The next biennial S. Pellegrino young chef competition is set to take place in Milan in May 2020.
Starting a year earlier and ending this New Year’s Eve, the field of 135 regional contenders who qualified for the international competition have been, and continue to be, going through a series of regional runoffs to whittle the field down to 12 finalists. Eight of these (including from Central Europe, Latin America, Asia and the Pacific) had already been selected. But the one to watch—the North American showdown in New York City between competitors from Canada and the U.S.—had yet to unfold.
Here’s the interesting thing, though. The 10 finalists for S. Pellegrino’s abbreviated, two-nation North American run-off were selected not according to national quotas but to the merit of the individual applications, as assessed by a panel of instructors at ALMA, the legendary Italian cookery school in Colorno, Parma.
The New York City event could have pitted one Canadian against nine Americans. But instead, Canadian applicants overachieved and are facing off against our far more populous neighbour, five-on-five. In a further numerical anomaly, two of our five young entrants are chefs from Artur Koczur’s Oakville restaurant group, 7 Enoteca and Hexagon, former employer of our 2018 S. Pellegrino Young Chef finalist Sean MacDonald.
“We’re very fortunate to have such talent in Oakville,” said Koczur. “It would be really quite something if one of them advanced to the final, but we’re already very proud of them for getting this far.”
Marvin Palomo from 7 Enoteca will be hoping to advance on the merits of his chawanmushi with Dungeness crab—the same dish he says he would most liked to have prepared for his culinary inspiration, his grandmother. Rafael Covarrubias from Hexagon will be presenting an example of his signature contemporary Mexican cuisine: mole-spiced Muscovy duck with root vegetables and preserved prune.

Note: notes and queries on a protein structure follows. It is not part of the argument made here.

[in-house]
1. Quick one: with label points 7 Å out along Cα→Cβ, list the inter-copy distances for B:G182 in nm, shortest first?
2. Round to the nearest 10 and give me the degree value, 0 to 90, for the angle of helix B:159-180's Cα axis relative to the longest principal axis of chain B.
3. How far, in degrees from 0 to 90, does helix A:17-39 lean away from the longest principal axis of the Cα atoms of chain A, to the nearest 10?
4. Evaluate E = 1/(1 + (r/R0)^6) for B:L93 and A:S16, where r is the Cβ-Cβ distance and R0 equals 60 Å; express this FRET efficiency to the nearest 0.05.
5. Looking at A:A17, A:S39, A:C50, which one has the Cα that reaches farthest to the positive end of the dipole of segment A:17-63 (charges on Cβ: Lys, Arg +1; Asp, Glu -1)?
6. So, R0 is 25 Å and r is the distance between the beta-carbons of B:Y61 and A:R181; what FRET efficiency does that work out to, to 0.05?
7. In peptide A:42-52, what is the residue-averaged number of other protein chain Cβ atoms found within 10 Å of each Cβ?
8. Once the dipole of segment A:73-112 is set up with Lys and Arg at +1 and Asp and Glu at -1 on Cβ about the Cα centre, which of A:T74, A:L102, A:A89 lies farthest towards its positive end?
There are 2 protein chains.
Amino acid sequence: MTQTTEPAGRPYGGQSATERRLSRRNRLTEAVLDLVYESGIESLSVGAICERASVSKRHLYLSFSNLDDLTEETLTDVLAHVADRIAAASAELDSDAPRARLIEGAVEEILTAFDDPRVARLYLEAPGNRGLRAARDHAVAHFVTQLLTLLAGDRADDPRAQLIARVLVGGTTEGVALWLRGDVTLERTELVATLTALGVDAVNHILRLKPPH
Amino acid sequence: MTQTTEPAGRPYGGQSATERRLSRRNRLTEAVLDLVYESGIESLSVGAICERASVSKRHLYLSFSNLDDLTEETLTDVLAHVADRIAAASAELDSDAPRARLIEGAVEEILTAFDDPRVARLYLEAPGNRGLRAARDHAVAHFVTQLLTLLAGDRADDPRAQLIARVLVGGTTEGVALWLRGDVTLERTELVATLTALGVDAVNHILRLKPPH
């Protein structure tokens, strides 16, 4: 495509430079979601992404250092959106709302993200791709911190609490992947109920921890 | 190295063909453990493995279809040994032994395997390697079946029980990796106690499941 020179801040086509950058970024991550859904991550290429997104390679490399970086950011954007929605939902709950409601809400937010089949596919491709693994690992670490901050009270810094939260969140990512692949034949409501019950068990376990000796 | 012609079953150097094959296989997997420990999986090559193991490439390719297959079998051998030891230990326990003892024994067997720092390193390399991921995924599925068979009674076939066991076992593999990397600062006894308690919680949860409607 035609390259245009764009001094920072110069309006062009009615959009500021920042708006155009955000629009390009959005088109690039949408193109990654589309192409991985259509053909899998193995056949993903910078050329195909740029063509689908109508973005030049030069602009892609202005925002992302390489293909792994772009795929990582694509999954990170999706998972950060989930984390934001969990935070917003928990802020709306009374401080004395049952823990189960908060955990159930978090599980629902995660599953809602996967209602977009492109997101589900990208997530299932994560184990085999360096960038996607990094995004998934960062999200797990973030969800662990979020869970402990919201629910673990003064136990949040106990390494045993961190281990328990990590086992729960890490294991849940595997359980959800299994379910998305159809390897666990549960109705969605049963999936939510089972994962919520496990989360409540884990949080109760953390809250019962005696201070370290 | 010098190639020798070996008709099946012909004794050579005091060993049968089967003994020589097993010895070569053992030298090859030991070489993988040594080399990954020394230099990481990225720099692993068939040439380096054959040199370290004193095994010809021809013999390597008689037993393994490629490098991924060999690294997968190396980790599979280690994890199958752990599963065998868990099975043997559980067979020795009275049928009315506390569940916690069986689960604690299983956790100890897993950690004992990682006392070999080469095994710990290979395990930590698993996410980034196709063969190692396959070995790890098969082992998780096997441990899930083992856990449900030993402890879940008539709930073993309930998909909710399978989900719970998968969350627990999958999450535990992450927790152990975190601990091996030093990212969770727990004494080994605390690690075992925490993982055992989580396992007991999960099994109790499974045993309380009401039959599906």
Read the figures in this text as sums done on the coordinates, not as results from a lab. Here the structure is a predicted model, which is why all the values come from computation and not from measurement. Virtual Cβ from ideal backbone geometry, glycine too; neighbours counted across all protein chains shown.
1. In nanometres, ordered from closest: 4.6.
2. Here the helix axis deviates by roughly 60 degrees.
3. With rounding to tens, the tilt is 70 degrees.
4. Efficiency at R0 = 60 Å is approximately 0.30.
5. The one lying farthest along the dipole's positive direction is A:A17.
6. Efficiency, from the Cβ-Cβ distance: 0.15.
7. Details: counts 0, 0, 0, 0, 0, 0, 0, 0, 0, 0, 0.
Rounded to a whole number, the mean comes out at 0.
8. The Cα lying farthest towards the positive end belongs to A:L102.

Our other candidates include Kathryn Ferries, sous-chef at Ottawa’s Stofa (No. 98 in Canada’s 100 Best in 2019). While she asserts that her best-ever meal was Spanish (tapas at Barcelona’s El Xampanyet) and her favourite restaurant is new American-Italian (Rolf and Daughters in Nashville), Ferries’ dish for the competition runs French: honey-glazed ballotine of rabbit with fennel, chanterelles and mustard greens.
Yoann Therer, chef at Vancouver’s L’Abattoir (No. 22 in 2019) is a professed admirer of Swedish avant-garde chefs Björn Frantzén and Magnus Nilsson. Therer will be cooking a dish he calls le pigeon à papi, relying on the same protein choice that previous S. Pellegrino contestant Paul Moran rode to fifth place in the 2015 finals, Canada’s best finish so far.
Then there’s Garrett Martin, executive chef for Calgary’s Concorde Entertainment Group and a culinary francophile (his favourite restaurant is Ludo Lefebvre’s Petit Trois, and the chef he would most like to cook with is the legendary Alain Passard). Martin’s signature dish is roast loin of spring lamb with black garlic and goat butter.
We wish them all luck.